Secondly, we categorized participants as experiencing depression-related weight gain, weight loss, or no weight change using the CIDI-SF question on weight change during their worst depressive episode in the past 12 months. Depression-related weight change was defined as gaining or losing at least 10 lb (4.5 kg), similar to the DSM-5 criterion of a 5% change in body weight in 1 month7. Participants who were missing information on symptoms of weight change or who were on a diet during their depressive episode were excluded (n = 35). As symptoms of weight change were asked only in the context of a depressive episode, we did not have information on weight change in participants who did not report a depressive episode.

### Follow-up

All participants entered the cohort on their date of survey and were followed until the first of incident type 2 diabetes, death, loss of eligibility for health insurance (e.g. by leaving the province), or the study end date of March 31, 2017. We used two administrative datasets derived from the single-payer, universal health care system in Ontario to identify these outcome measures. Firstly, the Ontario Diabetes Database (ODD) was used to identify all cases of incident diabetes using the first hospital discharge date or the first of two primary care visits with a diagnosis of diabetes, excluding gestational diabetes22. The ODD did not contain information on laboratory tests or medications for diabetes. Secondly, the Registered Persons’ Database (RPDB) contains all individuals with a provincial health care number and was used to identify all residents eligible for provincial health insurance for each 3-month quarter. In this study, participants who lost eligibility for health insurance (e.g., moved out of Ontario) were censored on the final day of that quarter. RPDB was also used to identify date of death. Survey and administrative datasets were linked using unique encoded identifiers and analyzed at ICES. For this work, information from administrative data was limited to the study outcomes of diabetes, death, and censoring and did not include any further information from patients’ medical records.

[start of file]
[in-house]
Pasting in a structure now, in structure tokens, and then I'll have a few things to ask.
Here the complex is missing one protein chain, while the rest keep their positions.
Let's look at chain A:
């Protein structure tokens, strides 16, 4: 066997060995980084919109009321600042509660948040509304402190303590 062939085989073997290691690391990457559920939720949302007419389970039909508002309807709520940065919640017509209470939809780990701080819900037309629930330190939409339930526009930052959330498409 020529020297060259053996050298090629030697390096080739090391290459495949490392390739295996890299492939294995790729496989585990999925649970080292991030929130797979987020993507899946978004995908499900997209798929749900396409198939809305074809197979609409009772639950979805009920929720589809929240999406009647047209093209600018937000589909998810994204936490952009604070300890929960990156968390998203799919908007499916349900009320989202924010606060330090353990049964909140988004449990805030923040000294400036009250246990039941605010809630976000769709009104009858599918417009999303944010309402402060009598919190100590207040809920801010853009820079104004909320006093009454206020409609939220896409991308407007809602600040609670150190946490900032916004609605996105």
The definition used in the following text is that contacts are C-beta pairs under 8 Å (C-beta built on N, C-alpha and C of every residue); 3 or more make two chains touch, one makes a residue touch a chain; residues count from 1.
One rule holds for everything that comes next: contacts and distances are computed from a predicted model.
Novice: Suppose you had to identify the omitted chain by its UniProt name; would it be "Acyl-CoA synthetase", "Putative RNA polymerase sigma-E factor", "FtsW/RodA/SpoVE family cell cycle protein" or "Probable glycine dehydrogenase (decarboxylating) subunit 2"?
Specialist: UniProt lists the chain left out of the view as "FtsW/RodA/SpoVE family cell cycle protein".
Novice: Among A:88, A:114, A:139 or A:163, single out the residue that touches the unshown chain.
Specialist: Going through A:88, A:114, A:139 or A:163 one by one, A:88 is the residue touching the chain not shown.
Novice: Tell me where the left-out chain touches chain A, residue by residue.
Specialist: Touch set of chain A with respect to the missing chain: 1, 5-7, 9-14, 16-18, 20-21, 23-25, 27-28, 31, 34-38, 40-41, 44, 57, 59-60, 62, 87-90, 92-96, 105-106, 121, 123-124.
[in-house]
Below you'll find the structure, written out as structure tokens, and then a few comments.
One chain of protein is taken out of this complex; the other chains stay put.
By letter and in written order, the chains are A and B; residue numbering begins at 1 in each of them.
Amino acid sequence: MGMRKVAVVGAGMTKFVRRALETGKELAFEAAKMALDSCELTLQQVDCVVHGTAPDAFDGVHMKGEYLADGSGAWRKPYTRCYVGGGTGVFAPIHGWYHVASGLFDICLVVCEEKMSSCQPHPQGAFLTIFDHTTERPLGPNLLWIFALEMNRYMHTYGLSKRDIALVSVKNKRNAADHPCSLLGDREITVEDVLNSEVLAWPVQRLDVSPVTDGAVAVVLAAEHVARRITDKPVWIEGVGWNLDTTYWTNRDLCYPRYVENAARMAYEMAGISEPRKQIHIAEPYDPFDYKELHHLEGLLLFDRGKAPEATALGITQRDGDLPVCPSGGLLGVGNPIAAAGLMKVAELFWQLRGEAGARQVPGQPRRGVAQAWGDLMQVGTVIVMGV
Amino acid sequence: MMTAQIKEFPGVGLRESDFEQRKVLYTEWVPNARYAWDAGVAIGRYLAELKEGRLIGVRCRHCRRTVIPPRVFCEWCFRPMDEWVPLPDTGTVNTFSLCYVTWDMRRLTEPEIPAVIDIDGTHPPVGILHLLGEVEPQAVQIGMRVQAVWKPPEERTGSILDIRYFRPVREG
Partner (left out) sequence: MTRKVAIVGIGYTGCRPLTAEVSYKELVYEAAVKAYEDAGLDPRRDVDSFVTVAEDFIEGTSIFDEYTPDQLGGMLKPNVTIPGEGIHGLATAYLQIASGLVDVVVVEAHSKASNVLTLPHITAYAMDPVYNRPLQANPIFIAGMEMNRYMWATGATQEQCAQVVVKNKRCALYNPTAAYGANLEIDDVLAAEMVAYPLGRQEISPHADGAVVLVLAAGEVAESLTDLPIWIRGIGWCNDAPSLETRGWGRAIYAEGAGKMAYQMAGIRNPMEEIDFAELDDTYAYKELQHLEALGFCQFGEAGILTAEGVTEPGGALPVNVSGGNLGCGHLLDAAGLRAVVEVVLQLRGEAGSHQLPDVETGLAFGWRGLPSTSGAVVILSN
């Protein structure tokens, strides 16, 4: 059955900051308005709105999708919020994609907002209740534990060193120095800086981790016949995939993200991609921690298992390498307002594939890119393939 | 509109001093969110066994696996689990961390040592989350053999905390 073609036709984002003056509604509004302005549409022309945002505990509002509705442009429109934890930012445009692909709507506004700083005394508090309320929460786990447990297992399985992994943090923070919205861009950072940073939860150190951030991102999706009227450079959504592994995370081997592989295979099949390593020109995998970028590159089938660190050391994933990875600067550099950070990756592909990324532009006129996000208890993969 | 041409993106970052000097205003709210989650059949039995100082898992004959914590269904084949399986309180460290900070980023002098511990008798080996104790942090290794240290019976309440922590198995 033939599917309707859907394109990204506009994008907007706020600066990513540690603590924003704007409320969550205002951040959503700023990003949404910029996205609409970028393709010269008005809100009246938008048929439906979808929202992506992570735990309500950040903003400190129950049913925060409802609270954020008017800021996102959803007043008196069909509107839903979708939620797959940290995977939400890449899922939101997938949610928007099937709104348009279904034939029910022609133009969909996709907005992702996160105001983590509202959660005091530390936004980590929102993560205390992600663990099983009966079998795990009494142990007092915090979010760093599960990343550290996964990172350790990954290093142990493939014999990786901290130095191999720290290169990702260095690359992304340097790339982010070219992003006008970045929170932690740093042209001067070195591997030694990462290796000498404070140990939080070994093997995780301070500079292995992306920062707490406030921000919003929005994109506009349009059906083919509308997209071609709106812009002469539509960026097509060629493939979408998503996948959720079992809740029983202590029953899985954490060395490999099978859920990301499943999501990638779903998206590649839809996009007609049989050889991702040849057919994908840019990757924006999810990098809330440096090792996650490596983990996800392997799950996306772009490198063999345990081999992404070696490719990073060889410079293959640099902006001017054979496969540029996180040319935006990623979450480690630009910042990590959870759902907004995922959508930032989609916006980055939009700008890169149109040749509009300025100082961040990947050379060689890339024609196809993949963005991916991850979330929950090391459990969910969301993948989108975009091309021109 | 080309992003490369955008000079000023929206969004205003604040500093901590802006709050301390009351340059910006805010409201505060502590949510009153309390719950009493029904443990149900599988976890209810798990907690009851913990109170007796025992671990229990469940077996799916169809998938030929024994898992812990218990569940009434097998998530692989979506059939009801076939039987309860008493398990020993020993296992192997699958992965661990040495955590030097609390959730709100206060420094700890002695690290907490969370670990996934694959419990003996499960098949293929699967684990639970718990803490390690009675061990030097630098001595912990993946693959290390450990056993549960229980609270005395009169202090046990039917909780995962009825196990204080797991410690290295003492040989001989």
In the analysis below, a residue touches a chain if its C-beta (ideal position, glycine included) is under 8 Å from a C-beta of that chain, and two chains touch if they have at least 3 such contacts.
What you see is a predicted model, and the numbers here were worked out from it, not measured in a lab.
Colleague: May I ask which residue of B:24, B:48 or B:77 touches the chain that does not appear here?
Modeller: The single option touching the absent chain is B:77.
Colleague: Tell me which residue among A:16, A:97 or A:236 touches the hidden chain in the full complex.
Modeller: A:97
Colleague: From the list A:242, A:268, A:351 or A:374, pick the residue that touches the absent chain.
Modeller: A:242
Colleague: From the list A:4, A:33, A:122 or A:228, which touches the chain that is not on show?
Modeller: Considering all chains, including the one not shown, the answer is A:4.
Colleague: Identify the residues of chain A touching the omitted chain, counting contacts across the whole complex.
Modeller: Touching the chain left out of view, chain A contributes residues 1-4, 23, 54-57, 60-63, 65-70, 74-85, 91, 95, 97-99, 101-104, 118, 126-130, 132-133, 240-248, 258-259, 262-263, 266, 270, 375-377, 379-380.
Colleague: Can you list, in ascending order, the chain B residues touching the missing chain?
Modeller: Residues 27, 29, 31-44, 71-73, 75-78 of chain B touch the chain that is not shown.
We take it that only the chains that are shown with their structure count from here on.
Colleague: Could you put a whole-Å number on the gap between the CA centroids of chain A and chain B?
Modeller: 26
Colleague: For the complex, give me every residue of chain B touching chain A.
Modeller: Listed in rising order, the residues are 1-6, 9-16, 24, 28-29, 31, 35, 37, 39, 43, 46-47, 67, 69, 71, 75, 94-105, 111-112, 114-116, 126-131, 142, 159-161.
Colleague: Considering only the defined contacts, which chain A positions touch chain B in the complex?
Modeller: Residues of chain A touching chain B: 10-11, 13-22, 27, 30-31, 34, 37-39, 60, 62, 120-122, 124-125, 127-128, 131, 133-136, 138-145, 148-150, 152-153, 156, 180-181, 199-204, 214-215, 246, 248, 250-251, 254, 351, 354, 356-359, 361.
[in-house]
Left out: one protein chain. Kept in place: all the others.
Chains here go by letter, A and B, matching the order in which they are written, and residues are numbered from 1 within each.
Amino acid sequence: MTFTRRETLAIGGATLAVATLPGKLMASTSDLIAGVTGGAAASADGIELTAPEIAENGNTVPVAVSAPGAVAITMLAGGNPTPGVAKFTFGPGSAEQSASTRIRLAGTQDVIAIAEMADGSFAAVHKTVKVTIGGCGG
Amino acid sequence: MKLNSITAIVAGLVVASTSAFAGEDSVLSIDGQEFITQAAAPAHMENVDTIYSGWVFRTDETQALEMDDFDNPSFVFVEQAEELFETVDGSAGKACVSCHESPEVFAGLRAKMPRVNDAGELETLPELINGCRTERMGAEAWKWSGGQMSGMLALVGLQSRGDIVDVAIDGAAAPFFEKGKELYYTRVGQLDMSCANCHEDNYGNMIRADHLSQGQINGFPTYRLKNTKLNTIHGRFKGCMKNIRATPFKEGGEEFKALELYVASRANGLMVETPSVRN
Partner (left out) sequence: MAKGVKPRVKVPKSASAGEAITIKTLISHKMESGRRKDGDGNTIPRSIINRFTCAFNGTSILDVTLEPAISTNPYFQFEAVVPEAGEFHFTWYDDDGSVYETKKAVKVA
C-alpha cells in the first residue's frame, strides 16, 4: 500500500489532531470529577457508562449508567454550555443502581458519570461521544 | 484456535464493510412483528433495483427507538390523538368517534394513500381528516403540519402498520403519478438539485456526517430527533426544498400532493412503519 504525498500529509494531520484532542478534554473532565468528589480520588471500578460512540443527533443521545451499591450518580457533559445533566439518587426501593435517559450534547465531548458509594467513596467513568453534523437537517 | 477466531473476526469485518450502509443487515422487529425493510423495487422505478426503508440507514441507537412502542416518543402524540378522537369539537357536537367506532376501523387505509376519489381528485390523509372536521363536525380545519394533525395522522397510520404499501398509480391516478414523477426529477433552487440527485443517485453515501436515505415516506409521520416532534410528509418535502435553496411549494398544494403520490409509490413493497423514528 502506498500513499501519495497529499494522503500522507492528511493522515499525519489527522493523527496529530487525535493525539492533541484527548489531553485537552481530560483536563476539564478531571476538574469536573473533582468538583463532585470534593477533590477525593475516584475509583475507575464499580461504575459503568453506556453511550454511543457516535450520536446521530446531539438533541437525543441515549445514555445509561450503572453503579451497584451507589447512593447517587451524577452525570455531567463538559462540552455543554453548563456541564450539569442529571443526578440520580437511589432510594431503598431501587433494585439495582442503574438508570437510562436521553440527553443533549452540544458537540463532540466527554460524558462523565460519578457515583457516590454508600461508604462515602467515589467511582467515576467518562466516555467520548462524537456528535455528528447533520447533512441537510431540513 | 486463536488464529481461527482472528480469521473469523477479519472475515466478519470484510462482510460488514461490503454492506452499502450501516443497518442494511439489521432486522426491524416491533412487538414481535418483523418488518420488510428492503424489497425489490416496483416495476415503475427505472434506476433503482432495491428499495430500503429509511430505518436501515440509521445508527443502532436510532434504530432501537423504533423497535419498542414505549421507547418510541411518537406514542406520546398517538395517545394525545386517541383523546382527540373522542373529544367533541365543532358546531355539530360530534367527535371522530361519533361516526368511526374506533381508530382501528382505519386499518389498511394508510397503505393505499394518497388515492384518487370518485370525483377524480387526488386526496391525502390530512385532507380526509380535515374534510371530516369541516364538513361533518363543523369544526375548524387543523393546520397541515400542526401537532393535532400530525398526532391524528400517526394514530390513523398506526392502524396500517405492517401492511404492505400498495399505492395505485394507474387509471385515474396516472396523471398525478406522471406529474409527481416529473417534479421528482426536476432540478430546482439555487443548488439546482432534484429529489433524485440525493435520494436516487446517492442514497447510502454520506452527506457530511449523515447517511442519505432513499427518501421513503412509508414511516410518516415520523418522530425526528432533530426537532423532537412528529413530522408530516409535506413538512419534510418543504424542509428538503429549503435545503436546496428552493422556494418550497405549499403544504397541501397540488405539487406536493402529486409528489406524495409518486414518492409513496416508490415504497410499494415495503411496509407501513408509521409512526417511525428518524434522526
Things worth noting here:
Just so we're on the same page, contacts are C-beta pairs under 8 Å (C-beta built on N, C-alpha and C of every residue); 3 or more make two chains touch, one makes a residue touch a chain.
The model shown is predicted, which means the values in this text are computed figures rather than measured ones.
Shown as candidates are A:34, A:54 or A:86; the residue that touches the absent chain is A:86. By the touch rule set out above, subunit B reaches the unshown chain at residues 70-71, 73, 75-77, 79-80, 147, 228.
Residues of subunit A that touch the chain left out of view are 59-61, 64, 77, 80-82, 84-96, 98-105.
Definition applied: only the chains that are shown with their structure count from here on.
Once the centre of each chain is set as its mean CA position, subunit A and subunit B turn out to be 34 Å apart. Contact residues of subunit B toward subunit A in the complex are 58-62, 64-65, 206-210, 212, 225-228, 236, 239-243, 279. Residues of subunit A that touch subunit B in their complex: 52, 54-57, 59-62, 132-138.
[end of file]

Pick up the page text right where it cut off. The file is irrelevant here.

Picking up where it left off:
### Covariates

The following demographic covariates were included in the primary analysis: age group (5-year age categories as a quadratic variable), education (less than high school, high school, some post-secondary or higher), annual household income (less than $20,000,$20,000–80,000, over \$80,000), marital status (married/common law or single/separated/divorced/widowed), rurality (urban or rural), birth in Canada (born inside or outside of Canada), and self-reported ethnicity (white or other). Self-reported lifestyle characteristics included smoking (current, former, or never) and alcohol consumption (frequent, occasional, former, or abstain). Physical activity levels were defined according to the Canadian Fitness and Lifestyle Institute using self-reported frequency of recreational activities lasting 15 minutes or longer and categorized as active, moderate, or inactive. Health-related covariates included self-reported hypertension and heart disease at the time of survey.

In our secondary analyses, we adjusted for attained BMI categories after a depressive episode using survey data. Attained BMI was reported at the time of survey, up to 12 months after a self-reported depressive episode. BMI was estimated using self-reported height and weight and corrected for reporting bias using Gorber’s correction equations23. Participants were categorized as having a BMI below 25 kg/m2, a BMI between 25 and 30 kg/m2, or a BMI of 30 kg/m2 and above based on their corrected BMI values24. We included sex-specific effects of overweight and obesity on the incidence of type 2 diabetes using an interaction term, as associations may be stronger in women24.